The hot topic today is diving ('simulation') in football. Following Dutch star Arjen Robben's confession that he "took a dive" (ie. fell over on purpose) during the Netherlands' Last 16 game against Mexico yesterday, discussions have raged about whether players should be punished retrospectively for these actions with a suspension from playing the next match.
I don't condone diving (not that it would matter if I did); it is, quite simply, a form of cheating - of gaining an unfair advantage - and should be punished with a straight Red Card. However, some of the comments about Robben - both from the general public and professional pundits - strike me as ludicrous.
A bad tackle is a bad tackle - the reaction of the player on the receiving end shouldn't come into that. If a defender goes sliding in with a dangerous, reckless challenge, what does it matter whether the player with the ball tries hard to stay on his feet or collapses in a instant like he's just been stabbed in the back of the leg? The defender's play was still dangerous, and still deserves to be punished - by the awarding a free-kick or a penalty.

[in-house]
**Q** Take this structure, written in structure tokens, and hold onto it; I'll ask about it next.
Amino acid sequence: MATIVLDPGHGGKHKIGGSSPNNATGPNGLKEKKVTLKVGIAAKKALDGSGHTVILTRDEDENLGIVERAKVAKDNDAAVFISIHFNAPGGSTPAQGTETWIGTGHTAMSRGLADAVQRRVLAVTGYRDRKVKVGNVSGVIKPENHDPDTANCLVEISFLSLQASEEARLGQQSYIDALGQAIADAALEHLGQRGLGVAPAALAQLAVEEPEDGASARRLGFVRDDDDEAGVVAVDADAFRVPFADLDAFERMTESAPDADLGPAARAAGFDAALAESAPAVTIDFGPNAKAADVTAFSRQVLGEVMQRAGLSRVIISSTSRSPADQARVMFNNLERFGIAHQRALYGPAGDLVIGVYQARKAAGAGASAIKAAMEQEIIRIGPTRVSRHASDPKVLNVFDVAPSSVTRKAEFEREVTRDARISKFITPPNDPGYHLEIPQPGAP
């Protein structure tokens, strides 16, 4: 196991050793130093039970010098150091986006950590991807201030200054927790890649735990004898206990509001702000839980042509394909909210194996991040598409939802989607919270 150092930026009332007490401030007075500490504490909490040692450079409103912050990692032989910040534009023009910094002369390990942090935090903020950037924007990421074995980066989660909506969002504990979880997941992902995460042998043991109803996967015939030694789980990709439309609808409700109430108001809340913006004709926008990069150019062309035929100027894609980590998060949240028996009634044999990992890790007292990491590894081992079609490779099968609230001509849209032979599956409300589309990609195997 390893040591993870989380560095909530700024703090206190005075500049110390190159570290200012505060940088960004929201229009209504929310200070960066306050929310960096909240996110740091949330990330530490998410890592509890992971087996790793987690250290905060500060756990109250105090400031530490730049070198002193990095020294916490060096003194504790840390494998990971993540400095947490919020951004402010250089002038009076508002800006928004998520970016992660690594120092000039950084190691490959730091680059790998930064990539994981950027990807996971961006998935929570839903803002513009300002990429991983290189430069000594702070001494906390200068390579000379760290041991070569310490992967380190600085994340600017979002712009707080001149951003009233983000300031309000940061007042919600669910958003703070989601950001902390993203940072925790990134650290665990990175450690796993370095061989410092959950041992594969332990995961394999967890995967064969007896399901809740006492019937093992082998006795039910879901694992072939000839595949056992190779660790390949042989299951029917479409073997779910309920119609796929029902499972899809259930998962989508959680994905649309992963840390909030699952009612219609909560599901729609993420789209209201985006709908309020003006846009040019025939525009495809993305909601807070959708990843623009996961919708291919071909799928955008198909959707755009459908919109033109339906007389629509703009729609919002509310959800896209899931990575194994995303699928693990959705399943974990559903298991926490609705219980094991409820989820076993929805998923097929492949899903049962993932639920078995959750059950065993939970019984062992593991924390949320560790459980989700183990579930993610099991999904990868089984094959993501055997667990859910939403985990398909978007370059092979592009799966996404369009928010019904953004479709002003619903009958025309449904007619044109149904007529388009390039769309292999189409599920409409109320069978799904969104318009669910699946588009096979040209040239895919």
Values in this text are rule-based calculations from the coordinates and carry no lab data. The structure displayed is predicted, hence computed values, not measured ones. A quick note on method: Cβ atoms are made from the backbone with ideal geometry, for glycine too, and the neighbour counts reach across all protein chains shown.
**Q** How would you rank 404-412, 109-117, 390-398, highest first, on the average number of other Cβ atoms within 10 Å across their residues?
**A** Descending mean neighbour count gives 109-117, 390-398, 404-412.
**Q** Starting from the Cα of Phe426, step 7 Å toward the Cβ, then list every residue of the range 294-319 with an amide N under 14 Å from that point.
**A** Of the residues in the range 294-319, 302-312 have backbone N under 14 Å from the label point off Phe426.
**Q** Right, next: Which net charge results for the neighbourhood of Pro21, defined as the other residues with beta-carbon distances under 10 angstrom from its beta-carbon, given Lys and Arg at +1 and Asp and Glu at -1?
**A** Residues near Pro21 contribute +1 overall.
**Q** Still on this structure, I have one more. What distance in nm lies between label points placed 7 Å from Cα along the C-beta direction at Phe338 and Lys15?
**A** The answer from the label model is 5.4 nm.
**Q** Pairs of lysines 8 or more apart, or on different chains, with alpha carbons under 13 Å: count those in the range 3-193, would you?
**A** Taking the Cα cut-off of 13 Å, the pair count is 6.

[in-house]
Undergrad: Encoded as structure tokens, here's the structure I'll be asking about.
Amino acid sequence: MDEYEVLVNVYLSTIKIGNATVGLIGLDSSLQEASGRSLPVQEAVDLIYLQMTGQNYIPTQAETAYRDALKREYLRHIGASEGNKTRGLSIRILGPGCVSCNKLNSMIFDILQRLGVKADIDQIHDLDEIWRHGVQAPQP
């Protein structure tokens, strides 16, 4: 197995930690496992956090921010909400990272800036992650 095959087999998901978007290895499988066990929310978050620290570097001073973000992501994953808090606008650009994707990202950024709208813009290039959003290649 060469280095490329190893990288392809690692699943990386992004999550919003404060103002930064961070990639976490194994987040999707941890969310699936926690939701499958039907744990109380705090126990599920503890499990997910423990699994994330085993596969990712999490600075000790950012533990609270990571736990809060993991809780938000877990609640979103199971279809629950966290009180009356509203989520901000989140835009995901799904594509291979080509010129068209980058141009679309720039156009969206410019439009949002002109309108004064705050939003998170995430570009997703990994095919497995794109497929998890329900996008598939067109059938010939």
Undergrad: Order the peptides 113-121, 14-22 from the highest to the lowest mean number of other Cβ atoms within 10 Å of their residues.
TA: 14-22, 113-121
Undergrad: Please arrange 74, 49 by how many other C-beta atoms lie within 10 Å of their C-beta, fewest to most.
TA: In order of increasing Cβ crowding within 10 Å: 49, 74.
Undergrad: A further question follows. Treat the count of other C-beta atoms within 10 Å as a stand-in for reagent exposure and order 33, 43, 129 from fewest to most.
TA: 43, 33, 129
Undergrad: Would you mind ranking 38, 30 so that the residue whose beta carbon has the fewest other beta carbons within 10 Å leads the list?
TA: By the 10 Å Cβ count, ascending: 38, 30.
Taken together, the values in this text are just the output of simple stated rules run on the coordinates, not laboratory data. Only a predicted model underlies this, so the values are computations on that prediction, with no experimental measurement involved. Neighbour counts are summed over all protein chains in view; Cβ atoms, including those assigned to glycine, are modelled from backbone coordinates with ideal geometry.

Even more importantly, a players 'reputation' shouldn't come into things either. Each appeal for a penalty or a free-kick should be judged on its own merit, not through the prism of 'past form'. Whether Arjen Robben did or didn't dive (or 'exaggerate') when the Dutch were awarded the penalty which won them the game, there was more than one occasion earlier in the game when Robben quite clearly should have been given a penalty and wasn't, because of his reputation as a diver - that is just as great a miscarriage of justice as a penalty being spuriously awarded following a dive.